A few months later, when the Catholic Church wanted to celebrate the 150th anniversary of the first mass in Balade, on Kanak soil, it first had to get approval from the local Kanak authorities, among them the Council members. In meetings set up to authorize and prepare this celebration it became clear that many local people considered the Church an instrument of colonization. They decided that a clear separation would be kept between the Church celebration and the reception and departure of delegations according to the "Kanak system." Some delegates mentioned, during the reception’s formal speeches, the Church’s role in helping make the Kanak stronger. At the Catholic ceremonies, the Bishop offered apologies for the Church’s wrongs against to Kanak culture, and the Council, along the lines of a Kanak peace-restoring ceremony, redistributed the speech throughout New Caledonia.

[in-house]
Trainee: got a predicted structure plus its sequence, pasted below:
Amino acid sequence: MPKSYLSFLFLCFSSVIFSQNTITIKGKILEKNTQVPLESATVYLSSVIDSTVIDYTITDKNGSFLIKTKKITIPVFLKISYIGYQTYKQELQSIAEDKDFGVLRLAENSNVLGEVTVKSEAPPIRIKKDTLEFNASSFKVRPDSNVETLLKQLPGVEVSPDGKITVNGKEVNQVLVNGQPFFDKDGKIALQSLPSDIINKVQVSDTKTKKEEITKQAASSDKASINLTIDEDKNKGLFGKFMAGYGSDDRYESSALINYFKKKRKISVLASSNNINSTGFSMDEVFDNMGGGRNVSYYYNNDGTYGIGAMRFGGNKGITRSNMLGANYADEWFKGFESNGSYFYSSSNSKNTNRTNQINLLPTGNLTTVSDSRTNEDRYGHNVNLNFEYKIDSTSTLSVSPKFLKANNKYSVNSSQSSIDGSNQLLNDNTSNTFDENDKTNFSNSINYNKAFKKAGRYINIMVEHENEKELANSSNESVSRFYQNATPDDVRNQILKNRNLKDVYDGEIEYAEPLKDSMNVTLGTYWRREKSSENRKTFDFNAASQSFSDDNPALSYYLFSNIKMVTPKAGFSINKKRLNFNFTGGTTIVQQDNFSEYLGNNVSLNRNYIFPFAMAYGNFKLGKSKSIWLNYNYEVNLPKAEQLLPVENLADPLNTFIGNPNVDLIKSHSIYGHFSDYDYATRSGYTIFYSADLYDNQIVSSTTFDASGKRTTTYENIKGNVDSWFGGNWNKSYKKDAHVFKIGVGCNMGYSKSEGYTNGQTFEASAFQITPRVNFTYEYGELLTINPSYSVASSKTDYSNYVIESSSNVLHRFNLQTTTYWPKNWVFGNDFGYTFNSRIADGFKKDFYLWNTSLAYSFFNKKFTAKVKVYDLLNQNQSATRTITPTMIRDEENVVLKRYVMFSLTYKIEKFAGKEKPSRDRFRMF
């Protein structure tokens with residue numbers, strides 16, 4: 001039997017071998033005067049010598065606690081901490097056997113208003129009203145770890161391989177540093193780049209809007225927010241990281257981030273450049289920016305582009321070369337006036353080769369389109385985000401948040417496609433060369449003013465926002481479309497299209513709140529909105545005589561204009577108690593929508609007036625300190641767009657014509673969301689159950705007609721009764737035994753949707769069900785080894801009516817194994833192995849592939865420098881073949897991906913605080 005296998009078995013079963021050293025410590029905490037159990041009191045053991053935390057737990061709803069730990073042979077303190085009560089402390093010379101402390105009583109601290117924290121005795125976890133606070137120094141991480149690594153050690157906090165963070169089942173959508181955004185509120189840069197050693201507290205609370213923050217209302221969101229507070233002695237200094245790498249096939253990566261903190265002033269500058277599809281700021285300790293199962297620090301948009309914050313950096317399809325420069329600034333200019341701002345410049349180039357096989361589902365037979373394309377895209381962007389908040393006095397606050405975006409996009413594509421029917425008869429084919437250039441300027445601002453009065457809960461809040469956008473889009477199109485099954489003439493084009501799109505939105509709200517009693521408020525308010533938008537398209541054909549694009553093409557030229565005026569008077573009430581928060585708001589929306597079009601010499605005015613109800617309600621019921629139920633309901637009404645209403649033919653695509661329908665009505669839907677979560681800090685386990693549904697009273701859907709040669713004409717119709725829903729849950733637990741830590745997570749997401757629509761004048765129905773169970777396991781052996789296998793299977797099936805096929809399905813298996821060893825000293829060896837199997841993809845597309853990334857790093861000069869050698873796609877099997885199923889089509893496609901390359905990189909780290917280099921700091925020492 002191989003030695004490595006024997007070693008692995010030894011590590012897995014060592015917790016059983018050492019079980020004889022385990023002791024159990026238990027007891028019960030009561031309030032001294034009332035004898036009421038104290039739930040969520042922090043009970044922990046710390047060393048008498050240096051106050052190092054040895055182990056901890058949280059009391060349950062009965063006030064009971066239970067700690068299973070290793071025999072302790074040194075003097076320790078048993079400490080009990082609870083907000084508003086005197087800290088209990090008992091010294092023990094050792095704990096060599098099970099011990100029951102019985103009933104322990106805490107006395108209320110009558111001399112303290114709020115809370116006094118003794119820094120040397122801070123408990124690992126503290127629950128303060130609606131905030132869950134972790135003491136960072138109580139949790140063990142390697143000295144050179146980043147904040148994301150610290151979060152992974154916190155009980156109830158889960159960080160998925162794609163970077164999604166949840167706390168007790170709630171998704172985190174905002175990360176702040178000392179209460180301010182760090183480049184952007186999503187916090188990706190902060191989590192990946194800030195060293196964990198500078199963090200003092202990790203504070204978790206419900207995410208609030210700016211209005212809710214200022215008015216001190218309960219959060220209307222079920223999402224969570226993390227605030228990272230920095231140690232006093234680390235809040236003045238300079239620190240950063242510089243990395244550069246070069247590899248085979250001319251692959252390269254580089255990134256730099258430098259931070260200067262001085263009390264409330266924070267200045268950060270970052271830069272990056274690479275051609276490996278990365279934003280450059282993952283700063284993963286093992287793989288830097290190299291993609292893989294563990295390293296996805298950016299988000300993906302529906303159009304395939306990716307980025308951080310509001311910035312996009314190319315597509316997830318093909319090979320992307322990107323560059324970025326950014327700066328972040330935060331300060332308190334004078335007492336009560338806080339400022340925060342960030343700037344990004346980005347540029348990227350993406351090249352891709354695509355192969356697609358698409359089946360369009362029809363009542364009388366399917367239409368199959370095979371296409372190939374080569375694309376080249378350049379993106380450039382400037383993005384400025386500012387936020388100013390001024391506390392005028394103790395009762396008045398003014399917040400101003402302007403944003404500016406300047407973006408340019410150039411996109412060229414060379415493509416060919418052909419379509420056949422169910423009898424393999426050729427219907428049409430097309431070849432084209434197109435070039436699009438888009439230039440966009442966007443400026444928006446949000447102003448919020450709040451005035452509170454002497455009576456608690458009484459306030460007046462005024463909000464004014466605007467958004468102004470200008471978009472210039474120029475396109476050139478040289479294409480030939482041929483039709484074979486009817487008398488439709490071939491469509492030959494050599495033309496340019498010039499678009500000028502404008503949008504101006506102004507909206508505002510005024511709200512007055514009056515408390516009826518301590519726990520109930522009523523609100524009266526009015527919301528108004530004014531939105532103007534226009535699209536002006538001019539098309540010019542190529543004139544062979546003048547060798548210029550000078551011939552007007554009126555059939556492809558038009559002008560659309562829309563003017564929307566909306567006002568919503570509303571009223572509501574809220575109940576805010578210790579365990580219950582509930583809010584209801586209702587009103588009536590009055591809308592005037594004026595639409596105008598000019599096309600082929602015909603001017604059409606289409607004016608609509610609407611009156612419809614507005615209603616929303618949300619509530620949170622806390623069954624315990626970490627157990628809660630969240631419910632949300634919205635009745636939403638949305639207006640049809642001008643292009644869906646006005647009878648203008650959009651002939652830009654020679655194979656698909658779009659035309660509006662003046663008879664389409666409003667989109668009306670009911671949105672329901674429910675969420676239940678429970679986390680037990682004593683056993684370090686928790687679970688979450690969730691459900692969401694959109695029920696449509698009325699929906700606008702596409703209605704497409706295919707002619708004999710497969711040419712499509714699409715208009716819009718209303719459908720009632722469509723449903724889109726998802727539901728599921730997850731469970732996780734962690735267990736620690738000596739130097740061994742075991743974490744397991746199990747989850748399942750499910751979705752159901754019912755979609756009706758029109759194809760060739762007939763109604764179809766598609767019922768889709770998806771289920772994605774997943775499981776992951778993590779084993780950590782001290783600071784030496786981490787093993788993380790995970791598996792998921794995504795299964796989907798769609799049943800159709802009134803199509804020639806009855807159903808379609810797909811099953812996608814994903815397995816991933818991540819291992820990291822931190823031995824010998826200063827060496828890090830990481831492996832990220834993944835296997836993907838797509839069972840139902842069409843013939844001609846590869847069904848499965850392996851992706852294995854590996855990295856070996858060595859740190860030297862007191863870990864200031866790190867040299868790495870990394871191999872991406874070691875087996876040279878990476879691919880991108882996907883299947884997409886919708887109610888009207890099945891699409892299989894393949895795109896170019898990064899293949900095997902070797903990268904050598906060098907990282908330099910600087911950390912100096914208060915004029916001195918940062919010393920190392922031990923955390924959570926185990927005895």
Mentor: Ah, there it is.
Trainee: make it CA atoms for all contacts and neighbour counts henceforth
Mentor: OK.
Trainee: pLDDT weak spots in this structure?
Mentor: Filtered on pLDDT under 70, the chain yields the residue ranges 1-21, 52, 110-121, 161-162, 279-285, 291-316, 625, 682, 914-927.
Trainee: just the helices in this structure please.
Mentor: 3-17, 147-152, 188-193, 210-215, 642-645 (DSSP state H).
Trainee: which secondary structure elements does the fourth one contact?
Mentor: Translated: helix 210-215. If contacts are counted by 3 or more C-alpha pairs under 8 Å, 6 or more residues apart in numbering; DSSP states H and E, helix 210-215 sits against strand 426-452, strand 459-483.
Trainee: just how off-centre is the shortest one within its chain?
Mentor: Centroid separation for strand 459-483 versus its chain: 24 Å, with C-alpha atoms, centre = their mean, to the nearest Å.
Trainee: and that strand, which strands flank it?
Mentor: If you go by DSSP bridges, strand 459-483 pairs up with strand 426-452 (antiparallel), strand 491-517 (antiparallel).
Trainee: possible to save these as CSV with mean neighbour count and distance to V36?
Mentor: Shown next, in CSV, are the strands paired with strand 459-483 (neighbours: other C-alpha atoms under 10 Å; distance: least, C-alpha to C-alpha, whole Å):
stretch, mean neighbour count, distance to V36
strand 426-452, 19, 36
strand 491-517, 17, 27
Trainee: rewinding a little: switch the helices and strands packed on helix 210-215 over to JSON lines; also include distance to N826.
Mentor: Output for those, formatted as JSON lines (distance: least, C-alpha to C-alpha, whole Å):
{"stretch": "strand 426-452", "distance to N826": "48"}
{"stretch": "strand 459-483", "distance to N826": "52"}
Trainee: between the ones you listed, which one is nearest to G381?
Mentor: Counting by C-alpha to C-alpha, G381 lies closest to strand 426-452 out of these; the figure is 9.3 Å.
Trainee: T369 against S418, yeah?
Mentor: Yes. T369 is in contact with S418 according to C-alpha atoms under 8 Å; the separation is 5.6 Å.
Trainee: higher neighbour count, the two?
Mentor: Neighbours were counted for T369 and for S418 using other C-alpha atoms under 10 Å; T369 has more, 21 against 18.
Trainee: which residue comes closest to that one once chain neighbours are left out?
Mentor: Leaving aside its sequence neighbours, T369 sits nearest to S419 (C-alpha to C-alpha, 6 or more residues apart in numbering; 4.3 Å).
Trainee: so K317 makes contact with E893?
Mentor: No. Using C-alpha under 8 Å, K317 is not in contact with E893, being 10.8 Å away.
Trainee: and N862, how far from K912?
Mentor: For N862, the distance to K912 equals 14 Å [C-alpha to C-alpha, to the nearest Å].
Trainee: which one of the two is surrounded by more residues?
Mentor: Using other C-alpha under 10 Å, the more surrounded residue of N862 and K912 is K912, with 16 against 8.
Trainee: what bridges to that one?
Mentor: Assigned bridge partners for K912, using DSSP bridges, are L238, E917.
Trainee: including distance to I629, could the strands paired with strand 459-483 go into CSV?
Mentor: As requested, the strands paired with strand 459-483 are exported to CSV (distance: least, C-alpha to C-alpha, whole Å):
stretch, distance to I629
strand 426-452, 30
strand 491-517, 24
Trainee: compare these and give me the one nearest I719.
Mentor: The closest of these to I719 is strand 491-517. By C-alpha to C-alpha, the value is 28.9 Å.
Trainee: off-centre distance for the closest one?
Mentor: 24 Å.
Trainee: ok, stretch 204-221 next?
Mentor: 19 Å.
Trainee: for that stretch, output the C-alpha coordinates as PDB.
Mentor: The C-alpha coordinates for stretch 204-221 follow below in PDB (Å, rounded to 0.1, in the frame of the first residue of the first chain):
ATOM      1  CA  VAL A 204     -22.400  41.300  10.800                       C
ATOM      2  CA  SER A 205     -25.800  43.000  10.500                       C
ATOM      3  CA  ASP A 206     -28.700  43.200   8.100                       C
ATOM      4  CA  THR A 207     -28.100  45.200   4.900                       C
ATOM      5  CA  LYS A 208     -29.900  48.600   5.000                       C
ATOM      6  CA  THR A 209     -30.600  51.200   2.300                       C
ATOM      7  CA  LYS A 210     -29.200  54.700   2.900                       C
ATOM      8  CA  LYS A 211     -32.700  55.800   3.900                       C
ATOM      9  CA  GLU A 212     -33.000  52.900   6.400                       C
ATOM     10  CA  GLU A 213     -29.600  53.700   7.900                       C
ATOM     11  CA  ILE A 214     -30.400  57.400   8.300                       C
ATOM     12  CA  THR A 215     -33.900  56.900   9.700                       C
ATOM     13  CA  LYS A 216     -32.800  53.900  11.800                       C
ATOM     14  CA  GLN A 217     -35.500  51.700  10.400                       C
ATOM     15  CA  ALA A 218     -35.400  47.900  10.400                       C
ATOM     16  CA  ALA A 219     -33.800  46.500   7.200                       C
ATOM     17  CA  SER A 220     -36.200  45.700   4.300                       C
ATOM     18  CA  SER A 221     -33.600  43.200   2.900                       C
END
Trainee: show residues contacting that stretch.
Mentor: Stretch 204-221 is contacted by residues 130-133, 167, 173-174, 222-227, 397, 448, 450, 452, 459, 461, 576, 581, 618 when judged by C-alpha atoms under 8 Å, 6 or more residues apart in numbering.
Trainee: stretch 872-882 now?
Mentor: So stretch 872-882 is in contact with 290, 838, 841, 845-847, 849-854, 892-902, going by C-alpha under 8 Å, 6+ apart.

In 1994, also in Balade, the Council received the French High Commissioner. Standing in a line in front of a Great House, dressed mostly in vegetal garb, the dignitaries faced the uniformed civil servant and his aides. Their dialogue offered a striking contrast in dress, in attitude, and in the type of eloquence displayed by the orators. One of the Council’s aims was to reverse of the consequences of a similar reception, said to have been performed on September 24, 1853, in the same place, during which a French admiral took possession of New Caledonia. The ceremonial speech evoked the admiral’s reception by Kanak ancestors and its dramatic consequences for the Kanak. It offered a new start, with the colonists behaving as guests and respecting their indigenous hosts. In an optimistic vision of the future, the orator called for a life together in "an open House for all those who are here and are going to live with us." The sentiment was clarified during later conversations between the High Commissioner and the Council: "Give me my land back so that I can receive you." Here again, Kanak interpretations of historical events clearly challenge the colonial point of view and reverse it in an attempt to make it conform to Kanak cultural procedures and attitudes.